Opposition parties have been gunning for the recall of Karnataka governor Vajubhai Vala ever since he invited BJP leader BS Yeddyurappa to form the government, despite lacking majority after a fractured mandate in the state.
The Congress, which in alliance with the Janata Dal (Secular) and had made a bid to form the government in the state, referred to a 2011 tweet by Prime Minister Narendra Modi seeking the recall of the then Karnataka governor and said, "We agree".
"Governor of Karnataka is bent upon destroying India's federal structure, urged PM to ask the President to recall him," Modi, who was then the Gujarat chief minister, had tweeted on 19 May, 2011.
Modi and his BJP had sought the recall of the then governor, HR Bhardwaj, alleging that he was "harassing" the BJP-led state government and "acting in a partisan manner".
In the same vein, Yeddyurappa's swearing in as the chief minister of Karnataka for a second time, after an overnight high-voltage legal battle in the Supreme Court, has not gone down well with the principal Opposition party Congress.
The Opposition parties will be hoping to turn Vala's invite to Yeddyurappa into a 'Ram Lal-II moment' and kick-start a combined movement against the BJP and the Modi regime.
Lal was governor of the TDP-ruled Andhra Pradesh in 1984. He had unceremoniously dismissed NT Rama Rao’s ministry and installed ‘rebel’ N Bhaskara Rao.
Opposition hoping for repeat of NTR saga
In July 1984, when NTR went to the United States to undergo a heart surgery, his then finance minister Rao formed a rival faction of the party. Despite lacking the numbers to hold a majority, Rao staked claim to the government and Lal obliged, administering an oath to Rao and granting him time to prove his majority.
But when the resilient NTR returned, he forced then prime minister Indira Gandhi to reverse the decision and allow the reinstatement of the Telugu Desam Party leader at the helm.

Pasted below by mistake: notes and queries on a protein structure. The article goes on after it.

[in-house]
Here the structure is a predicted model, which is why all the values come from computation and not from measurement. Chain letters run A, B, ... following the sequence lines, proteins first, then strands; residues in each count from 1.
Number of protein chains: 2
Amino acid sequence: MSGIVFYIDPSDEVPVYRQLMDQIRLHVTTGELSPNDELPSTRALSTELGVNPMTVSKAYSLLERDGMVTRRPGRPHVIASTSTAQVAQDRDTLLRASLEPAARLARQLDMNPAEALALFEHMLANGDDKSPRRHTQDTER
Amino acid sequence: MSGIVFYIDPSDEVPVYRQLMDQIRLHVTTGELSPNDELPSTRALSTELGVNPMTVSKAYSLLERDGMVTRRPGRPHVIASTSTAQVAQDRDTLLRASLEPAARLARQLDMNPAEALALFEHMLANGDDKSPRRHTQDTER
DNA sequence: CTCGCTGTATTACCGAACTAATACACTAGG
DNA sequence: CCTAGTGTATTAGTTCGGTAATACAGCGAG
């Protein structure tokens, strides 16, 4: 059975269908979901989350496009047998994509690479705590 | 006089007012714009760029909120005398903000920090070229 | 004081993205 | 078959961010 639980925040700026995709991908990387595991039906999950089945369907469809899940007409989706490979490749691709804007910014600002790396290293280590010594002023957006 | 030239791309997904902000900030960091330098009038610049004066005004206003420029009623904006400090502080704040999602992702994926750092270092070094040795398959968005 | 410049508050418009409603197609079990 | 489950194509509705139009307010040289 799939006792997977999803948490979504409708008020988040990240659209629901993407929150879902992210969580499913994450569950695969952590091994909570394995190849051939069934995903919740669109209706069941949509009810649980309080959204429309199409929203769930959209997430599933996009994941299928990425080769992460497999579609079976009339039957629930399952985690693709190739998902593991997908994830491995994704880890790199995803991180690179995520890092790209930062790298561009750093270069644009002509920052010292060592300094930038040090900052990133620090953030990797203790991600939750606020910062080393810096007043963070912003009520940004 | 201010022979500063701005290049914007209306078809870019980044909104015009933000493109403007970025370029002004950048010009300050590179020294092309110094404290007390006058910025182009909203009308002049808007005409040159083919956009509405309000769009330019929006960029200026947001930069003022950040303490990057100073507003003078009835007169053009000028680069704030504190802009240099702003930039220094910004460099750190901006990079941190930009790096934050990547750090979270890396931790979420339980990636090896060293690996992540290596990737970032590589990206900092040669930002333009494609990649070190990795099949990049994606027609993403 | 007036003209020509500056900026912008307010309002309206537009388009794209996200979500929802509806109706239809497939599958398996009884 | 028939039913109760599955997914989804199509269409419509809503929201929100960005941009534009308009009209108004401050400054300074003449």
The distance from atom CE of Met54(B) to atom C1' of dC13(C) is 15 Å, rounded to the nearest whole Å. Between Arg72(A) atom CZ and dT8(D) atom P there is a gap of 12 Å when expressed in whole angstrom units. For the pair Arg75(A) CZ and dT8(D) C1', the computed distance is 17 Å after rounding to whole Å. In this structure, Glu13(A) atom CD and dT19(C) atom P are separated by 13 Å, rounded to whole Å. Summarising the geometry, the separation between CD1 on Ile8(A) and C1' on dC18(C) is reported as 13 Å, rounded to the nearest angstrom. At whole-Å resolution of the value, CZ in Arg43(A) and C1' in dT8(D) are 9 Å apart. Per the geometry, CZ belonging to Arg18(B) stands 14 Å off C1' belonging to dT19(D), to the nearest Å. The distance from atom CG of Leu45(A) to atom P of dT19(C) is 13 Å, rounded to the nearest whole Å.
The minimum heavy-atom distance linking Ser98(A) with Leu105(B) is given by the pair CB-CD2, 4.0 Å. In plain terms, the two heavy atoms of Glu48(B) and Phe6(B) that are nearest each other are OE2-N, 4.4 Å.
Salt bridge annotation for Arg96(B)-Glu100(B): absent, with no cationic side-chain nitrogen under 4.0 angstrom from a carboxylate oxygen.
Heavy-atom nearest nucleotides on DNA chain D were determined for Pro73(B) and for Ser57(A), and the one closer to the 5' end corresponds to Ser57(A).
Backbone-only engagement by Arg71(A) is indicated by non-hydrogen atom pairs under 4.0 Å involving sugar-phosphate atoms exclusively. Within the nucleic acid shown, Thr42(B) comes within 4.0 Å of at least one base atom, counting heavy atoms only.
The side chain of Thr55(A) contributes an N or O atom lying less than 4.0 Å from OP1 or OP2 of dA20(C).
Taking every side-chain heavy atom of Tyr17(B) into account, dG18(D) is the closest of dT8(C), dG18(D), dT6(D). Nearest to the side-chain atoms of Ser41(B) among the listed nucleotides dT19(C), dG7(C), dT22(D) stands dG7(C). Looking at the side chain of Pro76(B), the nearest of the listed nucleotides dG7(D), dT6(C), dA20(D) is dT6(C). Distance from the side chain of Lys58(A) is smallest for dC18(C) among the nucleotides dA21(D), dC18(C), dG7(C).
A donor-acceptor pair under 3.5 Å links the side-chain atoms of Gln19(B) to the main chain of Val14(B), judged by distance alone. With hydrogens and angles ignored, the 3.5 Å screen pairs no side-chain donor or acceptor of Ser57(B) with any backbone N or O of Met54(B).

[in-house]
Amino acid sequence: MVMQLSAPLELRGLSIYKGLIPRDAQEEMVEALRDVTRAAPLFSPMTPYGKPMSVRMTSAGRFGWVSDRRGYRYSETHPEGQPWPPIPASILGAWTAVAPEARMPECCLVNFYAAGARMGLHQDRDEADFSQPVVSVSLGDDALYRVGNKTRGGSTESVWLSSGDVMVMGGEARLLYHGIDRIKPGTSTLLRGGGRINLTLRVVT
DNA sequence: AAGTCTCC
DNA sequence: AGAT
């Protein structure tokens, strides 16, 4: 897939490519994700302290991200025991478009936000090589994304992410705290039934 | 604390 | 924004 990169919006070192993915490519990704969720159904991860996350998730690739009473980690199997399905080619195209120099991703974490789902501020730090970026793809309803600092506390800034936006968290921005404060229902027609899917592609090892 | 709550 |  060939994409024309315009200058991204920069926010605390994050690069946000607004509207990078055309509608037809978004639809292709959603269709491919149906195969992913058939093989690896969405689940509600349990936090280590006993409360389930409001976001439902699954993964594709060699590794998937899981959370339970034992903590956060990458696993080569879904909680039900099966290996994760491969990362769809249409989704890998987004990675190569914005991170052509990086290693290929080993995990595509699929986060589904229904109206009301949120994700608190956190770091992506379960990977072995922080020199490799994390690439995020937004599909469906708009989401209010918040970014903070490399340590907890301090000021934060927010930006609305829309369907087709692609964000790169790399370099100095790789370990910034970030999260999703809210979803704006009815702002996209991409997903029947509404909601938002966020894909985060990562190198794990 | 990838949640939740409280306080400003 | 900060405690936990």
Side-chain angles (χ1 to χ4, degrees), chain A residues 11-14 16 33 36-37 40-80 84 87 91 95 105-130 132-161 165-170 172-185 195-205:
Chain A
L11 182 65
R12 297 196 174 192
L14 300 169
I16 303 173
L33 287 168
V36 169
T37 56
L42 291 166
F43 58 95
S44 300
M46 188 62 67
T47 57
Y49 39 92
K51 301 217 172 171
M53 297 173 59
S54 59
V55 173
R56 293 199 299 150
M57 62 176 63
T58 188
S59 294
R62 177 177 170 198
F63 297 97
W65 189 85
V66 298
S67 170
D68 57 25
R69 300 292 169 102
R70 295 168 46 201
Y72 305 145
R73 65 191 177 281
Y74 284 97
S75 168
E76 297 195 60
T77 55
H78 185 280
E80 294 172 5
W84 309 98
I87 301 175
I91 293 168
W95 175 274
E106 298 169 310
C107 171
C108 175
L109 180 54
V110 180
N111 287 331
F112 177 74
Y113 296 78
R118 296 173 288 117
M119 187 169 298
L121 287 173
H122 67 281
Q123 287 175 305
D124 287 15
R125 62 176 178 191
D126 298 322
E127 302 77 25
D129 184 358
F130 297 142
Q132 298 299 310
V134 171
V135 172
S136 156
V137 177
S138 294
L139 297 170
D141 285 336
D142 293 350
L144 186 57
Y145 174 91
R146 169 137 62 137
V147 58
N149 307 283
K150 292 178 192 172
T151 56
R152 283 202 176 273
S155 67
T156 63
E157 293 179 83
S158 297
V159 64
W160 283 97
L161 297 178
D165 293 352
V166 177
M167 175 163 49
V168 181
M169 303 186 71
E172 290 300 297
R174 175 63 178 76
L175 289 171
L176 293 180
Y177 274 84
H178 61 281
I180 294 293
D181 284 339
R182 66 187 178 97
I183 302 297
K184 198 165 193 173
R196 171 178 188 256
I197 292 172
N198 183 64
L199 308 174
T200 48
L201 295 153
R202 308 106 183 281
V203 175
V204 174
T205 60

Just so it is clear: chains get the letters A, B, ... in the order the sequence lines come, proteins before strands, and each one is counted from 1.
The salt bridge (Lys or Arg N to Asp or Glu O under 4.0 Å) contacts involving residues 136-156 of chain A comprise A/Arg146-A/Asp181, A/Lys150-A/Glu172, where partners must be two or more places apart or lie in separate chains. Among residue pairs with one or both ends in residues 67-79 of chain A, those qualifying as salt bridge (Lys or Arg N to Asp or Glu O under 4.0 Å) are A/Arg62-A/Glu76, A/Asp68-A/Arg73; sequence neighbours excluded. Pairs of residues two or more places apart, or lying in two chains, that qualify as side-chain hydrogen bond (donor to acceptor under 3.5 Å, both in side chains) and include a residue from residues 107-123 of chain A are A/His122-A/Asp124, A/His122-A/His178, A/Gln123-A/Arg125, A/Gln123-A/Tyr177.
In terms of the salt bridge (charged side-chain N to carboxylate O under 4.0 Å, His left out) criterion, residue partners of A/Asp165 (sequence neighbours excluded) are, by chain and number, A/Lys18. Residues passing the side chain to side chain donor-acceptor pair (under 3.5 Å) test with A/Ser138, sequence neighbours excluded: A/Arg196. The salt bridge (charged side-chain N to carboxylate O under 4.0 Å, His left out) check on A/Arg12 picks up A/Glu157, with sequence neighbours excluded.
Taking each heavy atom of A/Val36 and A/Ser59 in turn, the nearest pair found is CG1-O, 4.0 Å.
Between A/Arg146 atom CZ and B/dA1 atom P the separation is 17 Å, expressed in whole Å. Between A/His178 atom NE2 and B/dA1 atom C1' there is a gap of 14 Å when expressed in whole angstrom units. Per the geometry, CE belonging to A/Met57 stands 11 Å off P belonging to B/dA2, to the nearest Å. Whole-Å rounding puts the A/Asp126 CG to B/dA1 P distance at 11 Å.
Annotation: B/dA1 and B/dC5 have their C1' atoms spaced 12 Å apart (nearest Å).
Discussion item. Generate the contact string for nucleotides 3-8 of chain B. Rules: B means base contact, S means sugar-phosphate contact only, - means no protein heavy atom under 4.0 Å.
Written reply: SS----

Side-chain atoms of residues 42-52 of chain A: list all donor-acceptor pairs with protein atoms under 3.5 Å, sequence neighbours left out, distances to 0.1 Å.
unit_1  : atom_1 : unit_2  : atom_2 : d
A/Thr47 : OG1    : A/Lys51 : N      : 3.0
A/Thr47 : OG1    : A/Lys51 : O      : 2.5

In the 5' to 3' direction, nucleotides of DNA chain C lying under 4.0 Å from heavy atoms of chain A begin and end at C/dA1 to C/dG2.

Though the current case is different from what happened in 1984, as this Economic Times report points out, Opposition parties see a similar opening to 'replay' a joint fight against the Centre. "They feel irrespective of what happens to the Yeddyurappa government, they will have a political plank against the Centre that has been 'manipulating electoral mandate from state to state,'" the report said.
Congress-JDS combine has already reached out to BSP’s Mayawati, NCP’s Sharad Pawar, Trinamool’s Mamata Banerjee, SP’s Mulayam-Akhilesh, RJD’s Tejashwi Yadav, CPM’s Sitaram Yechury, JDU rebel Sharad Yadav and CPI’s Sudhakar Reddy-D Raja, and will be hoping to counter the Centre in a manner similar to 1984.
Parallels to Soren
In March 2005, after the Jharkhand Assembly elections, NDA had the support of 41 MLAs including five independents in the 80-member Assembly and staked claim to form the government. However, governor Syed Sibte Razi invited Shibu Soren of Jharkhand Mukti Morcha to form the government.
The matter went to the Supreme Court and it ordered Soren to prove his majority within two days, just like in the case of Yeddyurappa. Soren failed to do so and later Arjun Munda of the BJP became the chief minister and subsequently proved his majority in the house.
The Congress-led Opposition would be hoping that Yeddyurappa sees a similar fate when the floor test finally happens at 4 pm on Saturday, as they feel that the whole exercise is BJP's "irrational insistence" on forming the government.
Yeddyurappa now has to prove a majority in the Karnataka Assembly. Meanwhile, the Congress and JD (S) have alleged that the BJP is trying to poach their newly elected lawmakers, as it has fallen short of eight seats to the 112 halfway mark in the Lower House.
The JD(S) had won 38 seats along with its ally BSP, while the Congress won 78 seats, the BJP emerged as the single-largest party winning 104 seats in the 12 May Assembly election.
The Congress-JD(S) stitching up a hasty post-poll alliance approached the governor on Tuesday to form the government, as also did the BJP. But the governor invited Yeddyurappa to form the government and prove that he has a majority in the Legislative Assembly.
With inputs from agencies
Updated Date: May 18, 2018 13:49 PM